Shared AV pilots are on the rise in U.S. cities
'Olli,' an autonomous shuttle, at the National Harbor in Maryland. Photo: Mandel Ngan/AFP/Getty Images
One AV trend set to pick up speed in 2019 is universities, cities and transit agencies piloting autonomous shuttles and circulators, typically carrying 10–12 passengers, to provide first- and last-mile links to other transit options.
Why it matters: These programs will be a chance to test AVs in new situations and environments, shape public perception of AV technology, and assess needed infrastructure improvements.
Background: In its October 2018 Automated Vehicles 3.0 Guidance, the U.S. Department of Transportation spelled out its high hopes for how AVs could improve public and private transport. DOT also announced up to $60 million in federal grant funding for projects that test the safe integration of automated driving systems onto the nation’s roadways.
Details: At least 8 U.S. cities will launch new pilot low-speed AV programs in 2019.
- Circulators: Austin is aiming to deploy shared AVs downtown as a free circulator shuttle this year. Las Vegas and its surrounding area received a $5.3 million DOT grant for an automated circulator program that will connect the Las Vegas Medical District with the city's downtown.
- Popular routes: Grand Rapids, Mich., will begin a 1-year trial in March of an AV shuttle service along a 3.2-mile section of the city's DASH West route. The Rhode Island DOT recently announced a 1-year AV pilot program offering free rides between downtown Providence and the Olneyville Square area.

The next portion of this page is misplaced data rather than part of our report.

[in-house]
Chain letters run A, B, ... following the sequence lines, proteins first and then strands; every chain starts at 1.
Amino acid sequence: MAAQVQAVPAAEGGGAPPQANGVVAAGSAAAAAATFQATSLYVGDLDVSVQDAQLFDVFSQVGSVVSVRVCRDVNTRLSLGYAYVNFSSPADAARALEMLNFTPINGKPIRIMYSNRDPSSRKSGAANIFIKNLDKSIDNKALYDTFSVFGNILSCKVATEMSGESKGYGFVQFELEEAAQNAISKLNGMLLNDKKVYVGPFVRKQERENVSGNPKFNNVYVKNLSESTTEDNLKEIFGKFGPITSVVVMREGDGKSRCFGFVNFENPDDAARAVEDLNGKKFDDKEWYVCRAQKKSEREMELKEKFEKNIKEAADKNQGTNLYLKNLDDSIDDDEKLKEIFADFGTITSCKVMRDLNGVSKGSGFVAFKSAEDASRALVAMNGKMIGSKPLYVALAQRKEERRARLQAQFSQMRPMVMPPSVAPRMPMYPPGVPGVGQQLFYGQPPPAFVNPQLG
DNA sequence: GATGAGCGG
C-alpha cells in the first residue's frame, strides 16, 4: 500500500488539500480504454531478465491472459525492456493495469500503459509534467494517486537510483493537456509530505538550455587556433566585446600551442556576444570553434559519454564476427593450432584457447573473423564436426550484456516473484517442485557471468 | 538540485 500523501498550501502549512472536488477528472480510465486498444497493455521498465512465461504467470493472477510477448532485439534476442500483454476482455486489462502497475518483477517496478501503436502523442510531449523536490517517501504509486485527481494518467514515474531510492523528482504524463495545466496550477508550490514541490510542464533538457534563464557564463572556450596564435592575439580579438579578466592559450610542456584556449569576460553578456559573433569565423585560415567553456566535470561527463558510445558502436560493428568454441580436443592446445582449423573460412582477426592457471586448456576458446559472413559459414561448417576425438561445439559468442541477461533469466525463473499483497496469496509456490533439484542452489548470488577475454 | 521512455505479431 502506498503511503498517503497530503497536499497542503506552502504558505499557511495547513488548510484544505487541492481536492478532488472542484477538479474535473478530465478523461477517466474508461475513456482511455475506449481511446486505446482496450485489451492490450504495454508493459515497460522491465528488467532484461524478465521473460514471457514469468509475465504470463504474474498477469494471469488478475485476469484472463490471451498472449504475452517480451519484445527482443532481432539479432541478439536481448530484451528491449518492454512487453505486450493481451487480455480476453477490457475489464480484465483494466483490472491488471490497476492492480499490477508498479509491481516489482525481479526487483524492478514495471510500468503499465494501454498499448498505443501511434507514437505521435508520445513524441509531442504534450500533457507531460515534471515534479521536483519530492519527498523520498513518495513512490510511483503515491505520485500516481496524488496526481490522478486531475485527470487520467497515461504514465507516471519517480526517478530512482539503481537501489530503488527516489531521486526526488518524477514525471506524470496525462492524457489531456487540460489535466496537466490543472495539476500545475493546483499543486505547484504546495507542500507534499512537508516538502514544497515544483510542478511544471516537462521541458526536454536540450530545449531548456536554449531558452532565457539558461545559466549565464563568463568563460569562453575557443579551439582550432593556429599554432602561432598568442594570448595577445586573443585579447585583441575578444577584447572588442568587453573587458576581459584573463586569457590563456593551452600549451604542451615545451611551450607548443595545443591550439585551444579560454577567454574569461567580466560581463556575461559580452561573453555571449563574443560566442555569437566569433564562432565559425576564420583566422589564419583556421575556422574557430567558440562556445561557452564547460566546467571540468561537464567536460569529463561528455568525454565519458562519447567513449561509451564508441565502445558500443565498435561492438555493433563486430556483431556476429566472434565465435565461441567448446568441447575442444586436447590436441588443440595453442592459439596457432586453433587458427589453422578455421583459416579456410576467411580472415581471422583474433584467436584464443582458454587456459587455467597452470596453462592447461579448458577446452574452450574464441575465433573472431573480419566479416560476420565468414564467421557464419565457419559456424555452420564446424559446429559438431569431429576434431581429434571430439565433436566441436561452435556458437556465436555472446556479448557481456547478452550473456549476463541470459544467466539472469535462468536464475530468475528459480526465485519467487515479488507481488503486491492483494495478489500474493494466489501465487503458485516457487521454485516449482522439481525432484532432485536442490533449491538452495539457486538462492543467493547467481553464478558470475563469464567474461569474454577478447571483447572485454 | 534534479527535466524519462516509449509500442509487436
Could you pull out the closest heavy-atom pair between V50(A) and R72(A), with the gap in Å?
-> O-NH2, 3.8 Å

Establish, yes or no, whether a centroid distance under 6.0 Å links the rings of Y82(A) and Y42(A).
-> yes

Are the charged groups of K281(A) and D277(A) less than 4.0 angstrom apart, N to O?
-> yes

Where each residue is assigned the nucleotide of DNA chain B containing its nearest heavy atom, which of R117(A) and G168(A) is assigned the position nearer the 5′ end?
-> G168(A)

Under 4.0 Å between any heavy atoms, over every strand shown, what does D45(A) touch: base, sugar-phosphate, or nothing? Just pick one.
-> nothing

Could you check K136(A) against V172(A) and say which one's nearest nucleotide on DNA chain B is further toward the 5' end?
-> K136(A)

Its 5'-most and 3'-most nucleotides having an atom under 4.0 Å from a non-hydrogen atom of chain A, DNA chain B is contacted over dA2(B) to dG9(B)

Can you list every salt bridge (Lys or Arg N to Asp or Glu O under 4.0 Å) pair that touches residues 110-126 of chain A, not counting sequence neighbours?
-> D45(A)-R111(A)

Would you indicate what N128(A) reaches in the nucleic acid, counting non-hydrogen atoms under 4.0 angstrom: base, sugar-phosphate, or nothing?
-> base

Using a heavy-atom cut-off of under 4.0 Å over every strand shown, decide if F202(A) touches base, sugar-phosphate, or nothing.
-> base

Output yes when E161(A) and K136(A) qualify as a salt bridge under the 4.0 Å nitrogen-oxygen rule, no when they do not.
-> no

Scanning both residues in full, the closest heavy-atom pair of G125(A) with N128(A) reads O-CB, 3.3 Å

- Bus service: In Ohio, Toledo and Columbus plan to run autonomous buses. Toledo won a $1.8 million DOT grant to begin service, and Columbus began a free downtown autonomous shuttle service in December, paid for by a $40 million DOT grant.
- Shuttles and transit connectors: A pilot program will launch on the campus of Texas Southern University in Houston early this year, and one has already launched as a connection to light rail in Dublin, Calif.
Yes, but: Some cities' past plans, as in the case of Knoxville's Olli trolley, haven't come together. And cities still need to work on accessibility around AVs, which is a major priority for manufacturers.
Paul Comfort is vice president of business development at Trapeze Group and the former CEO of the Maryland Transit Administration in Baltimore.